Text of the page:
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How to be an MP

I recently spoke at the book launch for Paul Flynn’s latest book How to be an MP. It was, people think, the first book launch held in the Speaker’s House, and was introduced by the Speaker, John Bercow.  I think I was invited to speak because, a few months ago, when Paul Flynn was getting lots of stick for offending someone or other (and those who know him know that doesn’t help narrow the time frame down very much) I tweeted that people should leave him alone because he’d written what I described as ‘the single best thing ever written about being an MP, full of humour, insights, wisdom’.

That quote was about his earlier book Commons Knowledge, which came out in 1997, but with publisher’s typical chutzpah that quote has found its way onto the jacket of the revised and updated book.  But no complaints: if the new book is half as good as the old book, then it’ll be a cracker.  For those of us who have to teach parliament to undergraduates, an up-to-date Flynn publication is a Godsend.  There are lots of good books out there about Parliament, but many of them are – bluntly – a little dull (I may even have written some of the duller ones), and it’s useful to have something with a bit more punch to get students interested in the topic.

I dug out my old copy of Commons Knowledge to prepare for the launch and almost every page has some underlining or marginalia.  Every page is quotable.

For example:

Those who are slightly mad, eccentric or possessed by demons are magnetically attracted to MPs. The obsessive, the weirdos and devotees of religious cults ventilate their irrationality at great length and frequency to Members (p. 63).

All MPs know exactly what he means.

Or this, from p. 27, his advice for aspirant ministers:

Cultivate the virtues of dullness and safety. Be attuned to the nation’s lowest common denominator of conscience, idealism and cowardice. At all costs avoid any appearance of humour, originality or interest in your speeches.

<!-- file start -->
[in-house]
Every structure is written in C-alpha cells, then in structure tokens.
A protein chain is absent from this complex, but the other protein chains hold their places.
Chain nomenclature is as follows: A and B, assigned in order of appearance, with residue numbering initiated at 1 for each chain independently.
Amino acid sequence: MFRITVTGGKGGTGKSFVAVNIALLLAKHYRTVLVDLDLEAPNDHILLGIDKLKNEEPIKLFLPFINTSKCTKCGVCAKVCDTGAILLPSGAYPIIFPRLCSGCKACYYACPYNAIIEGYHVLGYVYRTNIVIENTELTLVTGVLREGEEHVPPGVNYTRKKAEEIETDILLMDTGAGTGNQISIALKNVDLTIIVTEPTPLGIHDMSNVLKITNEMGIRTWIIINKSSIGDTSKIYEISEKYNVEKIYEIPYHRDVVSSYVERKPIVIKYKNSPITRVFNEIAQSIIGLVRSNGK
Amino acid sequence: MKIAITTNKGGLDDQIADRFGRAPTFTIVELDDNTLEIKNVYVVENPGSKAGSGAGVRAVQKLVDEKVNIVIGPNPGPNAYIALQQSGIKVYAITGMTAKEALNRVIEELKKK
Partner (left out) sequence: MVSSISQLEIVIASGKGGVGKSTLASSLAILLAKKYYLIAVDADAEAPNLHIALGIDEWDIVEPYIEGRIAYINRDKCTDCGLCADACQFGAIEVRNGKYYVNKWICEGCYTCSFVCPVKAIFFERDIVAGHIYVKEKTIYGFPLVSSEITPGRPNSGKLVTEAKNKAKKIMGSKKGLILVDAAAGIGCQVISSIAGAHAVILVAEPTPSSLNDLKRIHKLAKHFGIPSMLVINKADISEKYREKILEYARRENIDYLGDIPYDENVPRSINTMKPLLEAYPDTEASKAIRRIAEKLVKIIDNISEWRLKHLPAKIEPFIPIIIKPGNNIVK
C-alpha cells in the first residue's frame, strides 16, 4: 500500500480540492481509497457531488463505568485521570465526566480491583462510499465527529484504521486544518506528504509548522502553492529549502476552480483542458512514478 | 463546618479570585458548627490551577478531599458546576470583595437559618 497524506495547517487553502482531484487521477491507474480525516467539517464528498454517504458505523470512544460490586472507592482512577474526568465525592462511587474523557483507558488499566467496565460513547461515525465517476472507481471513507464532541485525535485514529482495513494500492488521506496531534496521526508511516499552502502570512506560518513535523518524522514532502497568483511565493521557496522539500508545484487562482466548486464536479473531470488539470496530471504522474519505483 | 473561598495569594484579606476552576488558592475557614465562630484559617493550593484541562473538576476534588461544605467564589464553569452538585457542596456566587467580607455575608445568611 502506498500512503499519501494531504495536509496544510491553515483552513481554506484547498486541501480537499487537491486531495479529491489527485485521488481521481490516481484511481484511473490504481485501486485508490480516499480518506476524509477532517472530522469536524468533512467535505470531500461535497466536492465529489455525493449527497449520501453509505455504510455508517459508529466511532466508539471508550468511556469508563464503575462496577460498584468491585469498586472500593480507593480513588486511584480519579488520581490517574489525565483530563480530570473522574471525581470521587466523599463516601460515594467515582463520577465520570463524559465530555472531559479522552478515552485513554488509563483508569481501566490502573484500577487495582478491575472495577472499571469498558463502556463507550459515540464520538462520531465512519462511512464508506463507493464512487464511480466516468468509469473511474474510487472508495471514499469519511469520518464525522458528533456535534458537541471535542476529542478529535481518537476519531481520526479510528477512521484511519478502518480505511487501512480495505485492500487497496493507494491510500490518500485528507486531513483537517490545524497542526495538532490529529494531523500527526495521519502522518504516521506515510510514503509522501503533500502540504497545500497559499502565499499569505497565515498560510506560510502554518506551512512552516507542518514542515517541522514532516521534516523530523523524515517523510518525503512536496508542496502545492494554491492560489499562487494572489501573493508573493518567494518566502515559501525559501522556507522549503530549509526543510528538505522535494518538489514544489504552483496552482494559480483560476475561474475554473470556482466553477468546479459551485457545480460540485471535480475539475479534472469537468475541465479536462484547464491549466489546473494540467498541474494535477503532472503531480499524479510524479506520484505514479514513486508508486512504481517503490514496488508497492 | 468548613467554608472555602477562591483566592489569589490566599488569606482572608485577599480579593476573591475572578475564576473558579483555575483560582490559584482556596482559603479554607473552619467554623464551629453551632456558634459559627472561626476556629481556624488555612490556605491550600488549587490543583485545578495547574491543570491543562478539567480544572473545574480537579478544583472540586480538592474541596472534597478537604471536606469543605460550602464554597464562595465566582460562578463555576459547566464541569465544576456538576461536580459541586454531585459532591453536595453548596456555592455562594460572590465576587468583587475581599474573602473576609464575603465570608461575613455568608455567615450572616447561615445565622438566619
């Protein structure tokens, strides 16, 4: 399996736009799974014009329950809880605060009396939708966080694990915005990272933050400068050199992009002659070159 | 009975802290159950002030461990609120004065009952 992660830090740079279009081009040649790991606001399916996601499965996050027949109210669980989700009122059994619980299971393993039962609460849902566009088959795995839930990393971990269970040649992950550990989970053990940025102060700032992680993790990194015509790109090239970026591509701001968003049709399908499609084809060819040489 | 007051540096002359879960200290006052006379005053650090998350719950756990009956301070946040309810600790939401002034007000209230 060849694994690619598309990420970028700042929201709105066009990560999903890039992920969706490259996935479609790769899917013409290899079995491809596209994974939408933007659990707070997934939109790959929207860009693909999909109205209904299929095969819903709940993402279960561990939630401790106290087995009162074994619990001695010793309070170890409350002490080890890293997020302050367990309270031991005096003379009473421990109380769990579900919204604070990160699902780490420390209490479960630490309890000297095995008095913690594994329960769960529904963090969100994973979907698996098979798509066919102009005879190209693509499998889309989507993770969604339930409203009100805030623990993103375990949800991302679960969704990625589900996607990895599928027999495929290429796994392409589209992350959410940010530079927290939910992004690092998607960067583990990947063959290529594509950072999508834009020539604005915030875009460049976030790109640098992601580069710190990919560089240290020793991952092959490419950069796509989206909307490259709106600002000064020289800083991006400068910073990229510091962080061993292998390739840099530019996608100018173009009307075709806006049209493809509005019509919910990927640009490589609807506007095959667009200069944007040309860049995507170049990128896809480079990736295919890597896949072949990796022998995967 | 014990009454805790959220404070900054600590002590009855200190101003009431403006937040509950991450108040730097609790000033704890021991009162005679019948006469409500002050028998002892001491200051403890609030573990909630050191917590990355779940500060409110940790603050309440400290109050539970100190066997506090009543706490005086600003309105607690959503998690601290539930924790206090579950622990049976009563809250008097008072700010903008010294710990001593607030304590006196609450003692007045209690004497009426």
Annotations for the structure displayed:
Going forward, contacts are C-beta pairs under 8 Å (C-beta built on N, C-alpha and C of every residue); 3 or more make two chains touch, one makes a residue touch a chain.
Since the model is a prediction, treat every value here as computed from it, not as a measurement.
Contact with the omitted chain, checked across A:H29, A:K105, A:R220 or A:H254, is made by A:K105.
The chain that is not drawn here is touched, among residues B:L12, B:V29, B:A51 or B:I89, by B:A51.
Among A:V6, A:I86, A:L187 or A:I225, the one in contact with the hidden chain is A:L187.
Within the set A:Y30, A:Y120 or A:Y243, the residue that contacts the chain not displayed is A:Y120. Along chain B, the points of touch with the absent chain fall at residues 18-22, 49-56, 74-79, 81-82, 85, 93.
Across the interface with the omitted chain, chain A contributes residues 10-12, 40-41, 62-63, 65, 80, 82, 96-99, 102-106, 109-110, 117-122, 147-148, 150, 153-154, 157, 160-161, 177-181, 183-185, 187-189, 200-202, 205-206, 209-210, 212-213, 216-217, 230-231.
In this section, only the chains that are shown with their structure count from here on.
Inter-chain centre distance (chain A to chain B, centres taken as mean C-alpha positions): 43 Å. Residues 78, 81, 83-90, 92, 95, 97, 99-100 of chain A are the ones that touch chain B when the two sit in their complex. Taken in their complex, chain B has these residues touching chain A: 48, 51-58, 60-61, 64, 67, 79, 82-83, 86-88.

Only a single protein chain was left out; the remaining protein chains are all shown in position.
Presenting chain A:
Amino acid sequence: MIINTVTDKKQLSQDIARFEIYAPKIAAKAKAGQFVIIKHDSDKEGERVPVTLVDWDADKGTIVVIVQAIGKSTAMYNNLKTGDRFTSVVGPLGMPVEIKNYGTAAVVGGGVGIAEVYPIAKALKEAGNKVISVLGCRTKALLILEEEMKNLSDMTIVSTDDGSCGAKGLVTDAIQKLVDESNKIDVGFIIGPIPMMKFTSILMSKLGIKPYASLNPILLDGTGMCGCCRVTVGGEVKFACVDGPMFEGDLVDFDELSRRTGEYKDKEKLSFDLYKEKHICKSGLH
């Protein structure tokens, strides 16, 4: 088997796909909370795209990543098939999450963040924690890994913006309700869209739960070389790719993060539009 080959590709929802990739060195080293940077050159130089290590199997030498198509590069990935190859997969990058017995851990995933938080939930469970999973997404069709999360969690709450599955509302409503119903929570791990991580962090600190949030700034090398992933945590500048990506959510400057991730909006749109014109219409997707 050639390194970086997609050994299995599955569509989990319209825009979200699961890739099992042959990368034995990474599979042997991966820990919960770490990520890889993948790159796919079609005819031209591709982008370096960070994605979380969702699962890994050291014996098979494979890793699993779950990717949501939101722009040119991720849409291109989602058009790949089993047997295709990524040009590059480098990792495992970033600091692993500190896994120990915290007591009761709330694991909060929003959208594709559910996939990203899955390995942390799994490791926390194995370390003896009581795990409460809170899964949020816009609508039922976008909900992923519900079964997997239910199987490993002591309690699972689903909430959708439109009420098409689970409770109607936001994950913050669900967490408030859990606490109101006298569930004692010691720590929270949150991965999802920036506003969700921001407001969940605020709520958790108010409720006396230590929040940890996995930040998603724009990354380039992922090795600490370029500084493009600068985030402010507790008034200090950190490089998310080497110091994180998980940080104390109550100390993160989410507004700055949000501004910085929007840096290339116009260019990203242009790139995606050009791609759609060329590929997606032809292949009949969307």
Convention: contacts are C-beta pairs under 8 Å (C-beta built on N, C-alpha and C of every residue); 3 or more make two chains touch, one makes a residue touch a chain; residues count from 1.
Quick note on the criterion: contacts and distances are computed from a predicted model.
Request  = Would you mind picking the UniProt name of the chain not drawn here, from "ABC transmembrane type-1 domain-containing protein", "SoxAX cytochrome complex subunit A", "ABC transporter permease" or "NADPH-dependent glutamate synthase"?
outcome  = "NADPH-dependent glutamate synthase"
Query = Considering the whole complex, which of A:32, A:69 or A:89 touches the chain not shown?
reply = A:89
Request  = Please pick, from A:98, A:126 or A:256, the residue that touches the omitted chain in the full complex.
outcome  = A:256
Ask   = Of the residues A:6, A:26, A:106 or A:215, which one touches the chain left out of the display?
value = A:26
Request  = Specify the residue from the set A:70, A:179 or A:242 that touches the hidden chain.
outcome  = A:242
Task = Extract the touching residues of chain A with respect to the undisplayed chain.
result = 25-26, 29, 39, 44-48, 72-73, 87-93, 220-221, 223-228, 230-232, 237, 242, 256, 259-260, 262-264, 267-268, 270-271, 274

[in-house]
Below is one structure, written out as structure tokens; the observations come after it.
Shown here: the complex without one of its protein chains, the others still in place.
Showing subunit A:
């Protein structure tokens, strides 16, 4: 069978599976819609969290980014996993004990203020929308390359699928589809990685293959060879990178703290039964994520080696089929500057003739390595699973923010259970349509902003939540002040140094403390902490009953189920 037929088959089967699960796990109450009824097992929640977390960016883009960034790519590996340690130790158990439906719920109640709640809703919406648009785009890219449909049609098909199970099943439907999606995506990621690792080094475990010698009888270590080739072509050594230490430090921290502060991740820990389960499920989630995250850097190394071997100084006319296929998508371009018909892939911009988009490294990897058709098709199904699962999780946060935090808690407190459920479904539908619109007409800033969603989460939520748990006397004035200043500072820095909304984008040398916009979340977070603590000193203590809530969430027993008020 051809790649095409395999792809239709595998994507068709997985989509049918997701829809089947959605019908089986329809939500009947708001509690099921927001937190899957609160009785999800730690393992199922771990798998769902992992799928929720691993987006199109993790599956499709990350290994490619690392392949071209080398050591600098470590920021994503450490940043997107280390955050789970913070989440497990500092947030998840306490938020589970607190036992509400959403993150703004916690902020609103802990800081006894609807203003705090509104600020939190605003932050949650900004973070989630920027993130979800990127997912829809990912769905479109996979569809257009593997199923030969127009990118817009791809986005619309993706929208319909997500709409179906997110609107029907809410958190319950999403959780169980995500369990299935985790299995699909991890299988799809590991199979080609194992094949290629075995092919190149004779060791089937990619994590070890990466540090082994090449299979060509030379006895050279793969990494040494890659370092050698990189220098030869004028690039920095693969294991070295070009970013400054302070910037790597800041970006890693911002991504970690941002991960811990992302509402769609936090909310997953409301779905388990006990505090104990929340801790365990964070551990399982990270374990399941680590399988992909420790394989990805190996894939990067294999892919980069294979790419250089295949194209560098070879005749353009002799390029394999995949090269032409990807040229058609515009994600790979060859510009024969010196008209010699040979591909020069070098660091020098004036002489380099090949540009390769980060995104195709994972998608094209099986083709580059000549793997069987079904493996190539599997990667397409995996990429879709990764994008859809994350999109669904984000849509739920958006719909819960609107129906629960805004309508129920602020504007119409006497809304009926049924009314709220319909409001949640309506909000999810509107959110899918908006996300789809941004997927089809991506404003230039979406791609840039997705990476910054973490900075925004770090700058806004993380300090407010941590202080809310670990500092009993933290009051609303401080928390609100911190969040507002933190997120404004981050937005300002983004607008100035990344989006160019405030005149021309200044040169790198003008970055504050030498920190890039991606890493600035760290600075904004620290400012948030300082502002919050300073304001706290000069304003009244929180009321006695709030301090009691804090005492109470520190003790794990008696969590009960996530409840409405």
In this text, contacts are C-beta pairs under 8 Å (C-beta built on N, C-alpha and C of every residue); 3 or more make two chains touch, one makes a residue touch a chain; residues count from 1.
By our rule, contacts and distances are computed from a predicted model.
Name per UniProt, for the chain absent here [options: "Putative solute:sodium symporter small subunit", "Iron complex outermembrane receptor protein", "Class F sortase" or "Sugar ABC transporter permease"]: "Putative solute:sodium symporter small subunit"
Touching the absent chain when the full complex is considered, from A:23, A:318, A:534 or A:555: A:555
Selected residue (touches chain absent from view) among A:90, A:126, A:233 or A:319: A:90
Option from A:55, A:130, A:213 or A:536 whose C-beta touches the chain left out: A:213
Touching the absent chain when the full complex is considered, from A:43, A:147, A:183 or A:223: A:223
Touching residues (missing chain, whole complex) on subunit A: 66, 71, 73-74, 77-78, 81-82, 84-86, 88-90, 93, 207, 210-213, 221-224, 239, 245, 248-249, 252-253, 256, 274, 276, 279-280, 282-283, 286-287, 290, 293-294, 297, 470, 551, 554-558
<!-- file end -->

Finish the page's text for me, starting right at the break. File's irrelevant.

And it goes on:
Whatever, whoever, can he mean?

Or this, p.93:

The expectation is growing of the omnipotence of MPs as a point of help of last resort… A woman rang me from a hotel in Milan to say her husband had died ten minutes ago and asked what should she do next. I was paged in the Chamber by a man who complained that the dustmen had left his emptied bin in the middle of the drive. He had been forced to stop his car and move the bin to the side. I asked why he was ringing me. He said he had already run 10 Downing Street and they told him to contact me.

One point that I made during the speech was that what MPs do does matter.  The public do notice what goes on in the Commons.  In September last year there was wall-to-wall media coverage of the latest report by the Committee On Standards In Public Life showing the extent to which MPs expenses had damaged the standing of Parliament and MPs.  The next day, however, some of my colleagues at Nottingham reported some more up-to-date figures, which showed that the way Parliament had responded to the phone hacking scandal had led to a noticeable increase in trust in MPs.  The latter survey also revealed that hacking had damaged the reputation of journalists, both broadsheet and tabloid, which may explain why, with the honourable exception of Bloomberg, not a single national media outlet covered the second story.

How To Be An MP is dedicated by Paul to David Taylor, MP for North West Leicestershire until his death in late-2009. David was always incredibly helpful and kind to me in my work, – and I say that despite the fact that he caused me lots of problems.  Because when you’re studying the way MPs vote, the last thing you want is people who vote in both division lobbies at the same time. David Taylor wasn’t the first person to do this as a means of recording an abstention, but he raised the art of double voting to an art form.  Back in 1997, the Modernisation Committee said that it would be in favour of an Abstention option in the Commons, but nothing happened, and once he’d realised he could do it de facto, David was soon abstaining all over the place.  I once got into an argument with a Labour MP who told me that the act of voting in both lobbies was known as a Skinner Abstention.  That was rubbish, not least because Dennis Skinner has never abstained on anything in his life, ever.

Previous Speakers are on record as deprecating the act of double voting, but I’m hoping that the current reforming Speaker, in his infinite wisdom, will somehow get it on record that they’re a perfectly acceptable thing to do, and they should hereafter be known as Taylor Abstentions.

And there I was following the advice on p. 50 of Commons Knowledge, where it says:

Flatter the Speaker, subtly.

Philip Cowley

Published inBritish Politics

One Comment

  1. Mike Killingworth Mike Killingworth

    Flatter the Speaker, subtly.

    Just as my daughter did when she bought my son a bottle of “Speaker Bercow’s Single Malt” for Xmas, eh? BTW, do you know which Speaker started that little sideline?

    And if you don’t tell me, I shall go and ask my MP. Not that she listens to a word I say…

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